From a performance perspective, the all-Flash data center certainly makes a lot of sense. In an age when the movement of data from place to place is more important than the amount of data that can be stored or processed in any given location, high I/O in the storage array should be a top priority.
But while no one disputes the efficacy of Flash over disk and tape when it comes to speed, the question remains: Does the all-Flash data center still make sense for the enterprise? And if so, what impact will this have on other systems and architectures up and down the stack?
HP recently pushed the envelope on the all-Flash data center a little further with a new line-up of arrays and services for the 3PAR StoreServ portfolio. The set-up is said to improve performance, lower the physical footprint of storage and reduce cost to about $1.50 per usable GB, which is about 25 percent less than current equivalent solutions. The company is already reporting workload performance of 3.2 million IOPS with sub-millisecond latency among its Flash drives, and the 3PAR family’s Thin Express ASIC provides a high degree of data resiliency between the StoreServ array and the ProLiant server to reduce transmission errors.https://o1.qnsr.com/log/p.gif?;n=203;c=204663295;s=11915;x=7936;f=201904081034270;u=j;z=TIMESTAMP;a=20410779;e=i
The emerging dominance of Flash across enterprise production environments is critical to relieve the gating factor that most arrays place on increasingly fast-paced data operations, says Wikibon’s Bert Latamore. But the impact doesn’t stop there. Many applications are written with the slowness of traditional storage infrastructure in mind, so to really take advantage of all that Flash has to offer, the enterprise will need to not only upgrade or deploy new applications, but redeploy existing storage controllers in the case of simple disk-swapping to remove capabilities like memory caching and other traffic-handling functions. It also means that Flash arrays will be moved closer to the server farm to reduce latency even further and advanced architectures like Flash as Memory Extension (FaME) will come into play.
Flash has made tremendous gains in recent years, but as Timothy Prickett Morgan asks on ThePlatform.net, can it maintain the momentum? Specifically, will Moore’s Law allow Flash to scale enough to meet emerging virtual and cloud requirements? Pure Storage is confident it will. Its new platinum FlashArray //m series arrays are aimed at the sweet spot for both capacity and performance, so they can expand linearly with CPU deployments and thus provide steady support for increasingly expanding workloads. Over the past three years, the company quadrupled the performance of its FlashArray and increased capacity 12-fold, and executives say there is enough headroom in the architecture to double those numbers in each of the next two years to the point where a single rack will handle multiple hundreds of terabytes.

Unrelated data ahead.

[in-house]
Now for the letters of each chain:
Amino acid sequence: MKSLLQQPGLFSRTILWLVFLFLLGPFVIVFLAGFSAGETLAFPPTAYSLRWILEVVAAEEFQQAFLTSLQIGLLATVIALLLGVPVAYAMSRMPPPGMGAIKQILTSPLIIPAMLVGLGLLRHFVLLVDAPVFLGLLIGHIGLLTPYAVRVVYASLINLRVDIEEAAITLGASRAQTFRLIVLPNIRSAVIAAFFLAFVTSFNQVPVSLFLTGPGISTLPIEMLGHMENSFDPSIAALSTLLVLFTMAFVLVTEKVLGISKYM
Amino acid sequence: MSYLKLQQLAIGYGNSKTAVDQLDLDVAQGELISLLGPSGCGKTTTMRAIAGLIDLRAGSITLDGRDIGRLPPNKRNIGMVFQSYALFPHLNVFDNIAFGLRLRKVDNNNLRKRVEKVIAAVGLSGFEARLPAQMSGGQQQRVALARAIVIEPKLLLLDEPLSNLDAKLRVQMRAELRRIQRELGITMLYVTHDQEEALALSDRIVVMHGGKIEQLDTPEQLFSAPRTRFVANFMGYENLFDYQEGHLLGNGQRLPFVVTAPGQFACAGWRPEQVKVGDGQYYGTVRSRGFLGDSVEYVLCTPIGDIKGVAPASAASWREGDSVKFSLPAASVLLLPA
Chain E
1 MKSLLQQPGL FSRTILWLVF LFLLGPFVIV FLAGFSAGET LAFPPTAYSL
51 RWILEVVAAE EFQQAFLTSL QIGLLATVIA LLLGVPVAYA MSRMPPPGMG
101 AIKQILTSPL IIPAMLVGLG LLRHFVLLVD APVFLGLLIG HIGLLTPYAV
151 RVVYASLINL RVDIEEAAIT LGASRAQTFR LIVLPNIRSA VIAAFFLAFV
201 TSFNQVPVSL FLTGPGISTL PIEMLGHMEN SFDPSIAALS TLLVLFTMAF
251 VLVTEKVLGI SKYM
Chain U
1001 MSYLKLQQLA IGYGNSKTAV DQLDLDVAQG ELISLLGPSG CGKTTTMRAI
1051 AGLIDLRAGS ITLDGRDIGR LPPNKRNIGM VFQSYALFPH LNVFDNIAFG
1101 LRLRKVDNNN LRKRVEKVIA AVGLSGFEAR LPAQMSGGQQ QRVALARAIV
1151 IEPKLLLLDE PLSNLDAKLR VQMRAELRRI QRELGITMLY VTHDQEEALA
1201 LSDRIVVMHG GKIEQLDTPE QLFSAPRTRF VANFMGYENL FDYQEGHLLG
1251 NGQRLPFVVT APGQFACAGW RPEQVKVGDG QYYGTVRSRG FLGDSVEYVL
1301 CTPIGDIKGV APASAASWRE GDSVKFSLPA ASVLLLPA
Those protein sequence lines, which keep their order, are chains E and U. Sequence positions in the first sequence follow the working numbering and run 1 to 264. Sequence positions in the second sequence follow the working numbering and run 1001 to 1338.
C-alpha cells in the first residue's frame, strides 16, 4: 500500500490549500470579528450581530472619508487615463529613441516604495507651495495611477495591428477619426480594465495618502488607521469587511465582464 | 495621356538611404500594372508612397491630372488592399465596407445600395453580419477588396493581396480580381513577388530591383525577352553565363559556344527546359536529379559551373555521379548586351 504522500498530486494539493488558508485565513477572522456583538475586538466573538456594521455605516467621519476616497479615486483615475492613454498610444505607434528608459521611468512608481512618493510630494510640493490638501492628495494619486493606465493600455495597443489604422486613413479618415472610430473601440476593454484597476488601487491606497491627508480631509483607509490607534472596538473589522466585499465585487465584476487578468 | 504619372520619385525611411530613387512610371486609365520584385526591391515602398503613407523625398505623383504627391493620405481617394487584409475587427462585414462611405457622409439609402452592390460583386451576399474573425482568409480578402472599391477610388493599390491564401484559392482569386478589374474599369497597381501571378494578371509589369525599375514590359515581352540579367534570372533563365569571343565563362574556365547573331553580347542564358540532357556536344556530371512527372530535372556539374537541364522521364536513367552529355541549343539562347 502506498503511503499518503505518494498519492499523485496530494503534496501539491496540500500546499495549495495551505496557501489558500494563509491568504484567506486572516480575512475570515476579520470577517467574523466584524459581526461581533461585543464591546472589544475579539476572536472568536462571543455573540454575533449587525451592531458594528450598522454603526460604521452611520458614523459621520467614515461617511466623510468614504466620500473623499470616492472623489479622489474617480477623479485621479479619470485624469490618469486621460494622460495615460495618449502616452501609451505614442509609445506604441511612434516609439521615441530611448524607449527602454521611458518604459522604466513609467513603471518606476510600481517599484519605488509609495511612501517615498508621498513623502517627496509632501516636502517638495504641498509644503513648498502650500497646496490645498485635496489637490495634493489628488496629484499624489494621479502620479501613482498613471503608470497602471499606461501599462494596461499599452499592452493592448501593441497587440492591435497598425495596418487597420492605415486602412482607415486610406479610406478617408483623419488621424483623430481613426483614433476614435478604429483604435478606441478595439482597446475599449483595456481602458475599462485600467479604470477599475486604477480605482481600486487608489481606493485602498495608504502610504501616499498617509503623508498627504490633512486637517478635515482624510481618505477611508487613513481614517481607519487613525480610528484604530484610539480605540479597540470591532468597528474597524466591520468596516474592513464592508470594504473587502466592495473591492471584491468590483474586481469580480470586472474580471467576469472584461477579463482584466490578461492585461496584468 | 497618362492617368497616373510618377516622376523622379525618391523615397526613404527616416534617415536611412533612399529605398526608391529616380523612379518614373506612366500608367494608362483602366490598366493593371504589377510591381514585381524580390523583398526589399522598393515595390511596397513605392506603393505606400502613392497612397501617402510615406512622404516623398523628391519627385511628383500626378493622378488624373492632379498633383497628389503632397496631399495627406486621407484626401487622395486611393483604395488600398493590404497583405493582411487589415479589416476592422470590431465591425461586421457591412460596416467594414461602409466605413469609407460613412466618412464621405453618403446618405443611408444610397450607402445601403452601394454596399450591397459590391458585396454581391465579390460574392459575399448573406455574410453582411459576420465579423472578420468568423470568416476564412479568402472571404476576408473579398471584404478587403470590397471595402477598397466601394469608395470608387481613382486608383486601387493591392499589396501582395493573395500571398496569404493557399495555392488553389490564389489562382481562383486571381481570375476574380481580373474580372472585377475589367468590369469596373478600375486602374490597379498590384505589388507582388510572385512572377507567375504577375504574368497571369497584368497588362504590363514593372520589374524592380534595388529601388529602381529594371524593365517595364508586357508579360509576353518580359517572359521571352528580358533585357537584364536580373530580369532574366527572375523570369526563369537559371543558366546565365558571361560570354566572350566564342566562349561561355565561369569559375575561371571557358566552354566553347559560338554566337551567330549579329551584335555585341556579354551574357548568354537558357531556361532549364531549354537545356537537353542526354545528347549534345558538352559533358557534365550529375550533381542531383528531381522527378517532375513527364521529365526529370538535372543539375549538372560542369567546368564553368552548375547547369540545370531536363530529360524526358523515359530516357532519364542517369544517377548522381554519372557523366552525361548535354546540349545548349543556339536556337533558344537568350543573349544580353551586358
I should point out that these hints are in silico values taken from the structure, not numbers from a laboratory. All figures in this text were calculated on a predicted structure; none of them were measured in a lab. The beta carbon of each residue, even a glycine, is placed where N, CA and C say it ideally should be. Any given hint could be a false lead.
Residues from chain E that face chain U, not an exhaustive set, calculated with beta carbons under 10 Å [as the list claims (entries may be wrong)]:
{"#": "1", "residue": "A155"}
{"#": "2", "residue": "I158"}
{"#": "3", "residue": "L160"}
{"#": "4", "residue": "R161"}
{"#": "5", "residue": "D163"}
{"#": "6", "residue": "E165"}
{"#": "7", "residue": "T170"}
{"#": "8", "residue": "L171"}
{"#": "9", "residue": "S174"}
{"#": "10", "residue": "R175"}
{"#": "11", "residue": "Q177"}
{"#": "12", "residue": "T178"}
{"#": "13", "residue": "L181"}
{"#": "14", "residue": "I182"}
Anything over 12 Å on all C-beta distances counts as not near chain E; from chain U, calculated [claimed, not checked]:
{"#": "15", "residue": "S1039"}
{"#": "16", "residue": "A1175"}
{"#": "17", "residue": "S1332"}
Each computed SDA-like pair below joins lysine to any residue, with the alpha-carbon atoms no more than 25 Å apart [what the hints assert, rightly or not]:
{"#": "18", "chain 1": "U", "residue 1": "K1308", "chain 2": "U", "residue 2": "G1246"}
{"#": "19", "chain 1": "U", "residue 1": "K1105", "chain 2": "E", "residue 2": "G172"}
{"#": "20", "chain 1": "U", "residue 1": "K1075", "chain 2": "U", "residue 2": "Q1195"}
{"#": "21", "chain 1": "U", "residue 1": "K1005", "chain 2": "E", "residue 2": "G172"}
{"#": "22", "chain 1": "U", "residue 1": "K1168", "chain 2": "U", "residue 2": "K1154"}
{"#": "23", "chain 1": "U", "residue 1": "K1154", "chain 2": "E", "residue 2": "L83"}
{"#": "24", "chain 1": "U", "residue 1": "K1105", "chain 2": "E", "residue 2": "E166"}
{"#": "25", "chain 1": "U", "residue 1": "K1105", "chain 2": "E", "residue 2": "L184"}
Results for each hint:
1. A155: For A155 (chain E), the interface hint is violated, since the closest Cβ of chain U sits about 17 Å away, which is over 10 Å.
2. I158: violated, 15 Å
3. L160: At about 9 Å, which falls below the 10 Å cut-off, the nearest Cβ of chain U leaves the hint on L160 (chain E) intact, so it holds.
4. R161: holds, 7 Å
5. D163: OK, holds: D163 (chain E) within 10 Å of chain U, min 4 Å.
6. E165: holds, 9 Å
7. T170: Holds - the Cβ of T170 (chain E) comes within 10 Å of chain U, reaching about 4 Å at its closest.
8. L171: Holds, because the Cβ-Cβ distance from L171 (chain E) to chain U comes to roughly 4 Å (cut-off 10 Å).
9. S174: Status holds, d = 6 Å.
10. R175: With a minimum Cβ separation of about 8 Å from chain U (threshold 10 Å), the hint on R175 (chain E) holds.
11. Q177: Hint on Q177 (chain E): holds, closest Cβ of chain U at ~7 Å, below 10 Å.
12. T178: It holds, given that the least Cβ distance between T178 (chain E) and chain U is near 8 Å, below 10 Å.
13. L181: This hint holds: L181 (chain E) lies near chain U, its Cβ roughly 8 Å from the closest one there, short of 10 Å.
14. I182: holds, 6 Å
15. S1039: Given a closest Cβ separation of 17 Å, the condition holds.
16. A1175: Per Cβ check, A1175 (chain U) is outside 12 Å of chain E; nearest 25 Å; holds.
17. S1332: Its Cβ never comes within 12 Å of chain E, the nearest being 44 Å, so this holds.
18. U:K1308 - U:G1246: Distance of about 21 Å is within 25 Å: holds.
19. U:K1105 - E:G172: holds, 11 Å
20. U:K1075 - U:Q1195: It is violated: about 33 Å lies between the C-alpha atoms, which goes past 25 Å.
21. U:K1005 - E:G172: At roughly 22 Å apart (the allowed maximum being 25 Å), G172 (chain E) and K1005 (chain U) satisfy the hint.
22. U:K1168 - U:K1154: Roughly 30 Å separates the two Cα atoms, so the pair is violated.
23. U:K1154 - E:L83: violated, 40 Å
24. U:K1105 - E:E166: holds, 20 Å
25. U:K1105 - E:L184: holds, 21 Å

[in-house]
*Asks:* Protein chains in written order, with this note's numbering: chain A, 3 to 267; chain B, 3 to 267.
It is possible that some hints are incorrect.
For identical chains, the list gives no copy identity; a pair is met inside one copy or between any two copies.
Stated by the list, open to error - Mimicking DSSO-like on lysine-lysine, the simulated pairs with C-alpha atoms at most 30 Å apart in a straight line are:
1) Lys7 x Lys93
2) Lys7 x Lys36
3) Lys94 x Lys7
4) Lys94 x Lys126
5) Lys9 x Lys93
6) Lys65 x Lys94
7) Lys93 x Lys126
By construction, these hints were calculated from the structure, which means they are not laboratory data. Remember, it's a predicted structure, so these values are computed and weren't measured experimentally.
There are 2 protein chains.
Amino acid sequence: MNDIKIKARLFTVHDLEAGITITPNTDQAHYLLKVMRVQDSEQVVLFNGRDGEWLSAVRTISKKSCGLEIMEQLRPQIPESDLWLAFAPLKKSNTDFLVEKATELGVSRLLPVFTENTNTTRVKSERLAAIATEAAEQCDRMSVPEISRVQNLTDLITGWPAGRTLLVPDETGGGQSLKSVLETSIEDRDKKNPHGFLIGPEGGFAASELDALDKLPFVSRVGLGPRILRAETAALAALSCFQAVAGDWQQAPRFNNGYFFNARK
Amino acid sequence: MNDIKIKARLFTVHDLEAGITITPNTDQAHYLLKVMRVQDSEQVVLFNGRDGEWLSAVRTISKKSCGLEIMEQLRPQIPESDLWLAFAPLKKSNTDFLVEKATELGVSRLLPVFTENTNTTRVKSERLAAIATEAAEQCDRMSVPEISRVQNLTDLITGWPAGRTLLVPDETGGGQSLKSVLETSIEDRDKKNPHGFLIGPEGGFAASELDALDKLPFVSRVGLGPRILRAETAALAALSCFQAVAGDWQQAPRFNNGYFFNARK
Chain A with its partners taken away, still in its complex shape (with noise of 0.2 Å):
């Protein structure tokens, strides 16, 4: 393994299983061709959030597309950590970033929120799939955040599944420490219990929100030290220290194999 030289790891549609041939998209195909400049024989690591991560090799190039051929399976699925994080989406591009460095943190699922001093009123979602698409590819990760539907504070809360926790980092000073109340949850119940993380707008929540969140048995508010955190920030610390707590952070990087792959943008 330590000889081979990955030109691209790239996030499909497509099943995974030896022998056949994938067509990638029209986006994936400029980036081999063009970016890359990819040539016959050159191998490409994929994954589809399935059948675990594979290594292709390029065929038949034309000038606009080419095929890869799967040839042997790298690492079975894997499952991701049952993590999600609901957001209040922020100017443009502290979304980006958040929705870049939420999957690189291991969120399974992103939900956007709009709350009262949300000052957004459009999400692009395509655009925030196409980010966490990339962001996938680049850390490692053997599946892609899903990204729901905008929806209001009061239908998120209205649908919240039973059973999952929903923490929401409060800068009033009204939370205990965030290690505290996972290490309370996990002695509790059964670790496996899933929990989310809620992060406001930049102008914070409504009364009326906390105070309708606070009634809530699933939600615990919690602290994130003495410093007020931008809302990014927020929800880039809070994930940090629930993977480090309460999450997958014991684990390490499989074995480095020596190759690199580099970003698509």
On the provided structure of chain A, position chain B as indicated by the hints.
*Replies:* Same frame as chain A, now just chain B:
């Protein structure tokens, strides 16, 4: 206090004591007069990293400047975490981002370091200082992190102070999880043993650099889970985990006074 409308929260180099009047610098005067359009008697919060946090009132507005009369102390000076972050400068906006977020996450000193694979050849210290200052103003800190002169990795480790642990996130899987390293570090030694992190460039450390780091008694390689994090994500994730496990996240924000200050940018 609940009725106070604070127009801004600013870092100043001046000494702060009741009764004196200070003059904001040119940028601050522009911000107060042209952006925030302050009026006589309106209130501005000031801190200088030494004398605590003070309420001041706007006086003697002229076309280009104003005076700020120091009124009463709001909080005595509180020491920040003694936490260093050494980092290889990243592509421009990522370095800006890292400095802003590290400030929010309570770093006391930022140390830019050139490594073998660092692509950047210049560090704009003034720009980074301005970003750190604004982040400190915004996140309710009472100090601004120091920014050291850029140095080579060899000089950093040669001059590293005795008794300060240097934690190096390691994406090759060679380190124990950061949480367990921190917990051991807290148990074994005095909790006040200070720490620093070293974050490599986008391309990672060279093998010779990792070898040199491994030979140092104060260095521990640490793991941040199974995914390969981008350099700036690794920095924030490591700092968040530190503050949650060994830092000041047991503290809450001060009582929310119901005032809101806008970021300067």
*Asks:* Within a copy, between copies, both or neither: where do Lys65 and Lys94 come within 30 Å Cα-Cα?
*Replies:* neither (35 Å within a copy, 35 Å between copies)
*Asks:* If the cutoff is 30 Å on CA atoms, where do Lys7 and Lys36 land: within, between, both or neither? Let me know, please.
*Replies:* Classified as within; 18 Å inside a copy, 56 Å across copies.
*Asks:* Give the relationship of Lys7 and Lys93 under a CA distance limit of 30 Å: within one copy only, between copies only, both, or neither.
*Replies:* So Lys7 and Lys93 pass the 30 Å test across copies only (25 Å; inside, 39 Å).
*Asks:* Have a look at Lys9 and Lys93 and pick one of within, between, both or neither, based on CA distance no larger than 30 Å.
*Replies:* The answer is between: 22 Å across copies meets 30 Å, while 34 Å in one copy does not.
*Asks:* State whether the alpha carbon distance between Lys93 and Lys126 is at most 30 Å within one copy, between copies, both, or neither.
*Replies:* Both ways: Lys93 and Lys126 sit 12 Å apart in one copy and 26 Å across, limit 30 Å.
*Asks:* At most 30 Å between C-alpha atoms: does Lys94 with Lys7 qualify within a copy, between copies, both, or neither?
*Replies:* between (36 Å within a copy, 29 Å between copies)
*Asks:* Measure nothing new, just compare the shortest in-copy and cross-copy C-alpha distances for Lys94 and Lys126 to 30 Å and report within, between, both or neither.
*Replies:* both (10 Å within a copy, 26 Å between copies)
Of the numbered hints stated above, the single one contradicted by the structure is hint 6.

This is certainly impressive, but could it be that even newer technologies are starting to paint the first rosy hue of the eventual sunset of enterprise-grade Flash? ZDNet reports that a company called Nantero recently came out of a 14-year stealth period with a technology that layers carbon nanotubes on a standard DRAM architecture to provide a solution that the company says is faster, more durable and more energy efficient than current Flash designs. The company is pursuing an ARM-style licensing strategy that would leave actual chip production to existing manufacturers. The device has been shown to work in configurations as small as 5nm – vastly smaller than Flash – and is calculated to be non-volatile for more than 1,000 years at 85 degrees Celsius. For these and other reasons, the company says it can replace both Flash and DRAM to produce a single memory/storage tier that requires neither wear leveling or steady refresh cycles.
Flash is most certainly the go-to storage medium for the advanced data architectures emerging in the data center and on the cloud. It may not be the optimal solution for all applications, namely long-term storage and archiving where speed is not a critical factor, but in today’s development and production environments, users want their data quickly and completely intact.
But those who would argue that the all-Flash data center is the end-all and be-all of enterprise storage infrastructure are forgetting the fact that data requirements are evolving along a wide variety of parallel and sometimes contradictory paths. So it is highly unlikely that any one solution will provide optimal support for all use cases.
Fortunately, earlier means of storage are not going anywhere anytime soon, so the enterprise still has wide latitude when it comes to crafting physical infrastructure around both existing and emerging data requirements.
Arthur Cole writes about infrastructure for IT Business Edge. Cole has been covering the high-tech media and computing industries for more than 20 years, having served as editor of TV Technology, Video Technology News, Internet News and Multimedia Weekly. His contributions have appeared in Communications Today and Enterprise Networking Planet and as web content for numerous high-tech clients like TwinStrata, Carpathia and NetMagic.